IFAH-Europe reaction to EFSA-ECDC report on AMR

EFSA-ECDC's report on antimicrobial resistance (AMR) produced since 2010 is the 8th in the series and IFAH-Europe welcomes these reports. In conjunction with other reports like ESVAC, ESAC, and JIACRA, they contribute to a better understanding and knowledge of the issue of AMR across Europe, and help to see any trends occurring.

By IFAH-Europe

15 Feb 2016

Brussels, 15 February 2016 - EFSA-ECDC's report on antimicrobial resistance (AMR) produced since 2010 is the 8th in the series and IFAH-Europe welcomes these reports. In conjunction with other reports like ESVAC, ESAC, and JIACRA, they contribute to a better understanding and knowledge of the issue of AMR across Europe, and help to see any trends occurring. IFAH-Europe notes with interest that responsible use seems to improve the antibiotic resistance situation in many European countries, which is positive news. It shows the success of initiatives such as EPRUMA and how awareness campaigns across Europe on the correct and responsible use of antibiotics within a One Health framework do make a difference.

As an industry sector we are strong advocates of the responsible use of all antibiotics used in animals, as is reflected in our longstanding support of the EPRUMA stakeholder platform, of which IFAH-Europe is a founding member. In addition, we are also a strong supporter of the European Surveillance Veterinary Antimicrobial Consumption (ESVAC) project. While Member States need to make decisions on responsible use based on their local agricultural and disease needs, co-ordination at the European level is essential to maximise their effectiveness.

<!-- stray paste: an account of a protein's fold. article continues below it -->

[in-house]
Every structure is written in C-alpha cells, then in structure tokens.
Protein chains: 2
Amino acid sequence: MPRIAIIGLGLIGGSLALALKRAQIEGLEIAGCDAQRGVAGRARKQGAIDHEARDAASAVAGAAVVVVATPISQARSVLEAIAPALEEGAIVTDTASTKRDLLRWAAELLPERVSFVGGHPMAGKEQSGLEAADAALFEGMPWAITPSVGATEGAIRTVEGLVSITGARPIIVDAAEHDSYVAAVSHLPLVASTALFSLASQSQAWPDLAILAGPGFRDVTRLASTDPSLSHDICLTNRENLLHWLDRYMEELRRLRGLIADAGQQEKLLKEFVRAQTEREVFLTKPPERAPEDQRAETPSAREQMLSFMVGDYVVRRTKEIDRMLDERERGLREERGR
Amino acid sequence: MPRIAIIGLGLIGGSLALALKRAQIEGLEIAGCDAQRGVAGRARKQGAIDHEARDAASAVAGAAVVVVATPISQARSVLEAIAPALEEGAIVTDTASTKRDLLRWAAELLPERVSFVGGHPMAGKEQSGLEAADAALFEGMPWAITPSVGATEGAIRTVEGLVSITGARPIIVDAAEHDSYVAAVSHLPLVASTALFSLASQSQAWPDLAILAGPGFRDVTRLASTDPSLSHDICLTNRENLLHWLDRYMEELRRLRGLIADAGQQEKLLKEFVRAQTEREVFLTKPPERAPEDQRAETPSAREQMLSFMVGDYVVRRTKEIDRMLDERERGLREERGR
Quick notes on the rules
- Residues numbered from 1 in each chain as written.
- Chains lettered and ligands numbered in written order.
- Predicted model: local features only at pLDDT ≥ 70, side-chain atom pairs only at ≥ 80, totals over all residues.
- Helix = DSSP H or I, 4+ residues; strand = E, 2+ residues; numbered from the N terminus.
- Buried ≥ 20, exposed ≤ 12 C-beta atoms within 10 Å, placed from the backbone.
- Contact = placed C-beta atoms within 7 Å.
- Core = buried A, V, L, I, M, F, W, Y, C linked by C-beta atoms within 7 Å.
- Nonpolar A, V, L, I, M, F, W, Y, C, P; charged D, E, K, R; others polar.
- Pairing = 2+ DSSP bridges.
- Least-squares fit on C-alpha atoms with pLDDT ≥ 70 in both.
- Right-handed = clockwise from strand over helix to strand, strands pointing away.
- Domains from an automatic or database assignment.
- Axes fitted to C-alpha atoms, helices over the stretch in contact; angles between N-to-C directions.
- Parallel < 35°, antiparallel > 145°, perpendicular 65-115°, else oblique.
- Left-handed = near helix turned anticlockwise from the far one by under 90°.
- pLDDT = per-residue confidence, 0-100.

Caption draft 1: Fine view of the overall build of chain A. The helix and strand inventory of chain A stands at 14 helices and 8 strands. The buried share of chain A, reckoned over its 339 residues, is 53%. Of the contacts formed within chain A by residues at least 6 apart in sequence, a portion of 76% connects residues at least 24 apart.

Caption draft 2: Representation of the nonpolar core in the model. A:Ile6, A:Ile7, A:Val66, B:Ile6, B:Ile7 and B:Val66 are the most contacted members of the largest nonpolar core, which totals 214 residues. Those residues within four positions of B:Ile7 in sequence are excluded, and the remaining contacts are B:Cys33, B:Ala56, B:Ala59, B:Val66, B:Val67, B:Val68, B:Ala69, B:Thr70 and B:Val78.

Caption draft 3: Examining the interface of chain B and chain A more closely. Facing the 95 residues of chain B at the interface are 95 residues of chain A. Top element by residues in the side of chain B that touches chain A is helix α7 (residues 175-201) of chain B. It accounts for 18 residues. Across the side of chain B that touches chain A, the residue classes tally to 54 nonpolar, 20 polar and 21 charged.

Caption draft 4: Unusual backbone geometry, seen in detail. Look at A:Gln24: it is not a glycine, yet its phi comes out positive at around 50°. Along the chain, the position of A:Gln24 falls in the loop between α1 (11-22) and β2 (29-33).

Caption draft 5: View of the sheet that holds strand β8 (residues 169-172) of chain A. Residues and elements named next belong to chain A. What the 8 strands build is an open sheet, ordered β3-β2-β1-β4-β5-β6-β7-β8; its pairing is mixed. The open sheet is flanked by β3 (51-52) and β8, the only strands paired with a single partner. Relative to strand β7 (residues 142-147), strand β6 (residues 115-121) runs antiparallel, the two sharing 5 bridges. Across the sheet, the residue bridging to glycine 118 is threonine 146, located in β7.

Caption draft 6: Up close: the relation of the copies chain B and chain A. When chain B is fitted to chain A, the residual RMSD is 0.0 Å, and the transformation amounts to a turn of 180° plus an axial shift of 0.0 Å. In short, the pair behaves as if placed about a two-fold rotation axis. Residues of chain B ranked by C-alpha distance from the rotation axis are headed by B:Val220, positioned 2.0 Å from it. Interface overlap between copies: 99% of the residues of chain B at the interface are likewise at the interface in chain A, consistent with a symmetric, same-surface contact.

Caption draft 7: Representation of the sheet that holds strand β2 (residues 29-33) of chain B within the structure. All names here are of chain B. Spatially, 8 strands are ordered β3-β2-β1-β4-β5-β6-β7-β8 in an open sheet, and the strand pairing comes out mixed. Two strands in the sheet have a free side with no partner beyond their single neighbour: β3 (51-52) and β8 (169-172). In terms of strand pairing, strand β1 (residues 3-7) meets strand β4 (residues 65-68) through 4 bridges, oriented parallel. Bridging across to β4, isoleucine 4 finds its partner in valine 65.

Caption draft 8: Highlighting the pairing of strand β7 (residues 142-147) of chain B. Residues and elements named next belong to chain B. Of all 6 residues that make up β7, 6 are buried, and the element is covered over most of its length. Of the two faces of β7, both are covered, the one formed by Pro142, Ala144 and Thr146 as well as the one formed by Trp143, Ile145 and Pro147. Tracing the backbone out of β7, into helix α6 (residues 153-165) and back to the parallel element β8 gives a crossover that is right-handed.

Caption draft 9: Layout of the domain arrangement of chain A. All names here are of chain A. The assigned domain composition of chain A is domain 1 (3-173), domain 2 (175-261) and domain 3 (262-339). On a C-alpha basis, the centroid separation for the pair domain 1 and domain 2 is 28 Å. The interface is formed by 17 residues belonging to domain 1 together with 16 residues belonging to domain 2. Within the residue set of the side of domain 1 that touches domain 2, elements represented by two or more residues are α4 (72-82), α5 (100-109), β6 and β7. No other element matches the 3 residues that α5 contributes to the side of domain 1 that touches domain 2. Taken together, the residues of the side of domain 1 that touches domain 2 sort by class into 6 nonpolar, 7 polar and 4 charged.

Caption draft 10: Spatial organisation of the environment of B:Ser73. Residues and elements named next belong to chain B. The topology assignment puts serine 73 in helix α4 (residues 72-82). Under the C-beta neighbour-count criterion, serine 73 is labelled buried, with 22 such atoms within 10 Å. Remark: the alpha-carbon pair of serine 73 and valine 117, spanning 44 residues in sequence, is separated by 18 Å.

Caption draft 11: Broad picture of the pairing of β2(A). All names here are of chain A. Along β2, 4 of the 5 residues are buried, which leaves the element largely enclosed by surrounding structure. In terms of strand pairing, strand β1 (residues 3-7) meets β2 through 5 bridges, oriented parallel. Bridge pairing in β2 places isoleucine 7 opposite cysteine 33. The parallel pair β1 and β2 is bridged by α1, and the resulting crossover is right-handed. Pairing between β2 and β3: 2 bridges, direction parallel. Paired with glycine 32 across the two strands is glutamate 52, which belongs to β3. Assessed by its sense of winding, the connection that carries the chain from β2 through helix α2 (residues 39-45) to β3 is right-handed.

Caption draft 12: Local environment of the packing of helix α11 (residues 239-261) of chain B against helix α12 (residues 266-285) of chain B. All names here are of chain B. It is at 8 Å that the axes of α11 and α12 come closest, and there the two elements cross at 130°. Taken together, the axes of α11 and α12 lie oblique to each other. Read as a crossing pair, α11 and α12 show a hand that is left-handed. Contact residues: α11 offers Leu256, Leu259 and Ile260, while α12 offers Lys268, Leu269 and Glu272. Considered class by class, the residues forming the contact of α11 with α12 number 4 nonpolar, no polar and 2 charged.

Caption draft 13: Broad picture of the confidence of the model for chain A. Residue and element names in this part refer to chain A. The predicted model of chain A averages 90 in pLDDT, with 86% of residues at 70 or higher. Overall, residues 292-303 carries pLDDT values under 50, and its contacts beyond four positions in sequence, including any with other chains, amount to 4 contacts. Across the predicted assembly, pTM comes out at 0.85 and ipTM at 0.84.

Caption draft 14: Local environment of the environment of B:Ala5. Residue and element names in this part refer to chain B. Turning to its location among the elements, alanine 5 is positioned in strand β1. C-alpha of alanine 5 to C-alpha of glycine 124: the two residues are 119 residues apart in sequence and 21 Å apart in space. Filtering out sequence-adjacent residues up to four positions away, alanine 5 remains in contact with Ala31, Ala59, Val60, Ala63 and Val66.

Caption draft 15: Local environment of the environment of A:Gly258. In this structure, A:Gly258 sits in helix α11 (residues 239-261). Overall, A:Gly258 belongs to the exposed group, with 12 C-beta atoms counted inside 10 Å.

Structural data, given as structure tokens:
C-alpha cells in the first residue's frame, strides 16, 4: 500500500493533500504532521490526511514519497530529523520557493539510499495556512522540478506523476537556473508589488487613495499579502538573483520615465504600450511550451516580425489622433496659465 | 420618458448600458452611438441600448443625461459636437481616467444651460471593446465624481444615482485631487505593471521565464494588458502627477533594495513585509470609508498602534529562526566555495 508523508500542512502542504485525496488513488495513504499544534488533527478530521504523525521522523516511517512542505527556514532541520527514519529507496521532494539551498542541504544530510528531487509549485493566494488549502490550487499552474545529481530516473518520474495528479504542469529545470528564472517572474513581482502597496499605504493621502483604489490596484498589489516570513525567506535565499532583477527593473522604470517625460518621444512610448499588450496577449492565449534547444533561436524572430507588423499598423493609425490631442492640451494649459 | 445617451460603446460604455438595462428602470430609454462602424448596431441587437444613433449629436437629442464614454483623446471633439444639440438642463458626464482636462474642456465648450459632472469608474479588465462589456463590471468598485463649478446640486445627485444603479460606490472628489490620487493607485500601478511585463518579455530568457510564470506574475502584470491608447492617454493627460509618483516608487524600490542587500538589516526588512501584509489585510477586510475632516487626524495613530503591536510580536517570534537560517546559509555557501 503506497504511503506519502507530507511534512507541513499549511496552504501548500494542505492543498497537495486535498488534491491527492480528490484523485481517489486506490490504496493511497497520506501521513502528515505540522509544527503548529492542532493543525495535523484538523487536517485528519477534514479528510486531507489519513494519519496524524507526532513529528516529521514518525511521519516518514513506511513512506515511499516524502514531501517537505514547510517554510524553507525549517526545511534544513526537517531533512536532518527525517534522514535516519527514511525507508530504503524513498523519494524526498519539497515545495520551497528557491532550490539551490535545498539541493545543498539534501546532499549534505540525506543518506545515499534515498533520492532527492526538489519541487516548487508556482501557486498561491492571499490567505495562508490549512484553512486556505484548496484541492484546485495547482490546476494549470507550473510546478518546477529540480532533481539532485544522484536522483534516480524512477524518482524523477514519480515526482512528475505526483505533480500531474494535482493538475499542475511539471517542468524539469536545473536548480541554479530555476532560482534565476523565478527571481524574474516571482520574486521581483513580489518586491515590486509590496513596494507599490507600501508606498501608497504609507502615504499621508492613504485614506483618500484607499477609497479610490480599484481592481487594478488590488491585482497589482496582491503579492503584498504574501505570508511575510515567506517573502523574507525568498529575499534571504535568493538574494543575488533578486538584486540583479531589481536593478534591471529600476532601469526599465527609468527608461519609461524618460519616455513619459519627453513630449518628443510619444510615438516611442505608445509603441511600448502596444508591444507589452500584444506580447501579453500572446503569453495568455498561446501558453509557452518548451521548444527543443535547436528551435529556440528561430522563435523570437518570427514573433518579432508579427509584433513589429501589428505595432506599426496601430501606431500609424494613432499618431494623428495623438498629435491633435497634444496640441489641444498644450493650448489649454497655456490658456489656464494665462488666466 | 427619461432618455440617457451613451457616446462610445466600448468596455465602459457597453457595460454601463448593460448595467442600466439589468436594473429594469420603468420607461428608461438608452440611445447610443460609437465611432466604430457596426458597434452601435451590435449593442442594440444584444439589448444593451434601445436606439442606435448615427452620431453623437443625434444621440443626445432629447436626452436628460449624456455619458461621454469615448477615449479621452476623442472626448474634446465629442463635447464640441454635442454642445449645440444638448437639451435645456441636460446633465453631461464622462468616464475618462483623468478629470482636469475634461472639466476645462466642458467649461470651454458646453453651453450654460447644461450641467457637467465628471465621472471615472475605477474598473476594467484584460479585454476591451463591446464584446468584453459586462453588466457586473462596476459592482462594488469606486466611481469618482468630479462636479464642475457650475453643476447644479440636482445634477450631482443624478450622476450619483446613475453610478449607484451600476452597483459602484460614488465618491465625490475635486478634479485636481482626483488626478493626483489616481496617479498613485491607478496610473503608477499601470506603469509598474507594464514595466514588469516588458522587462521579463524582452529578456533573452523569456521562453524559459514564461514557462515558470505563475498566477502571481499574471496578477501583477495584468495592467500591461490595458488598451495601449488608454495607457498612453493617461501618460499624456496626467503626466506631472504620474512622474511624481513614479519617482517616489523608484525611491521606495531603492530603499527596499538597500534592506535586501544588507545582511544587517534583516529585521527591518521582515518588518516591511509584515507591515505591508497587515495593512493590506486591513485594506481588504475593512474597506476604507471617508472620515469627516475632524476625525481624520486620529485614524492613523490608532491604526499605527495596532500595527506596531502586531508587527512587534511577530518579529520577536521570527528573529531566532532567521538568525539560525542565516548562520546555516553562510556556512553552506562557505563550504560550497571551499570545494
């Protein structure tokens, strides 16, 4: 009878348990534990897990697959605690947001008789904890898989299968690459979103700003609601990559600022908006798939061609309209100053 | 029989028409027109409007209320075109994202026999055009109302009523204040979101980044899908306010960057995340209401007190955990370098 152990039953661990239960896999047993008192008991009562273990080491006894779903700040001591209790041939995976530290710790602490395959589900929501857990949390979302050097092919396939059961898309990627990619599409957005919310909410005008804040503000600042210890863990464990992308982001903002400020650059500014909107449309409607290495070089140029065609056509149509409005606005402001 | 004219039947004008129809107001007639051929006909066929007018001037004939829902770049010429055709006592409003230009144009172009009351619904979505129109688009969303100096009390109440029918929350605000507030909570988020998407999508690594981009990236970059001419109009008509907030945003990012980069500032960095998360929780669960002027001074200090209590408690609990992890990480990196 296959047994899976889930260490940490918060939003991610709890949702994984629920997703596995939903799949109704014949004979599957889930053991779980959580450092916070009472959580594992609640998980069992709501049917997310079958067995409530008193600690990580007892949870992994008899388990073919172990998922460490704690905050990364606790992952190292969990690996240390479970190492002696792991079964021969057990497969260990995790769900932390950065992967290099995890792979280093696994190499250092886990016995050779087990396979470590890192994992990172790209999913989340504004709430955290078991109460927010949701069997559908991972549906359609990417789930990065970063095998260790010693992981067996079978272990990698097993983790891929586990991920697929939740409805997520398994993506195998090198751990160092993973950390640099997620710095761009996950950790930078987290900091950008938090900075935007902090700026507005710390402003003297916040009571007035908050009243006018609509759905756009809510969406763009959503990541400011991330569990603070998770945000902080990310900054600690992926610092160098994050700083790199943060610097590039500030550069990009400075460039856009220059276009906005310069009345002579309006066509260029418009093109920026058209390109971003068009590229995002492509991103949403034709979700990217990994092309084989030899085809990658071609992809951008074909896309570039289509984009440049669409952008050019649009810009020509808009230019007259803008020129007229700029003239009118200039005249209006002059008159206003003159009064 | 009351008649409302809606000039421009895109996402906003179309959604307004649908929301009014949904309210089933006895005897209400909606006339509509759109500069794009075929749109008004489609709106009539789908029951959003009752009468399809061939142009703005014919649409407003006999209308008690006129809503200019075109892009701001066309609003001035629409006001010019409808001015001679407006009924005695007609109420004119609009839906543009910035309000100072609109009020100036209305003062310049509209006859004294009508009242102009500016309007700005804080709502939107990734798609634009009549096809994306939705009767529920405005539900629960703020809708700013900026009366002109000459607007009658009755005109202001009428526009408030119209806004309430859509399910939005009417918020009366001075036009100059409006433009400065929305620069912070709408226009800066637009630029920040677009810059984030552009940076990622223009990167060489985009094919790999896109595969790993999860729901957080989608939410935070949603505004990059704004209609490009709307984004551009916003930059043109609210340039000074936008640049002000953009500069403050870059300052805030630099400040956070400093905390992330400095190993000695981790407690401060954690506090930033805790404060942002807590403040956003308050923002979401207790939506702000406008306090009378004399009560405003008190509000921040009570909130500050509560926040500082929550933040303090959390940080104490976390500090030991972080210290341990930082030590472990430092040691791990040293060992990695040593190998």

We believe that the responsible use of antibiotics in farm animals needs to go hand in hand with excellent hygiene, biosecurity and good husbandry on farms. Despite all these measures, infectious diseases in animals still naturally occur, and in the interest of the health and well-being of animals, effective antibiotics are vital to treat animals with a bacterial infection. The goal of responsible use ultimately is to come to a use of antibiotics 'as little as possible, as much as necessary'.

The objective of reducing AMR development needs to involve awareness of correct use and the elimination of unnecessary and incorrect use of antibiotics, in both animals and people. Antibiotics in animals and people need to be used more rationally and in a more targeted way, maximising the therapeutic effect and minimising the development of AMR (as is stated in the EC Guideline for Prudent Use of Antimicrobials in Animals (2015/ C 299/04) document).

In other words, antibiotics, whether in animals or people, need to be used correctly, e.g. prescribed course must be completed, and correct dosages must be given and followed. This is important as incorrect use of antibiotics forms a risk leading to AMR, a risk the EC Guidelines quite rightly highlight. So, as little as possible, as much as necessary and focussing on the best suited product, for the correct period of time, with the correct dosage and administration route.

 

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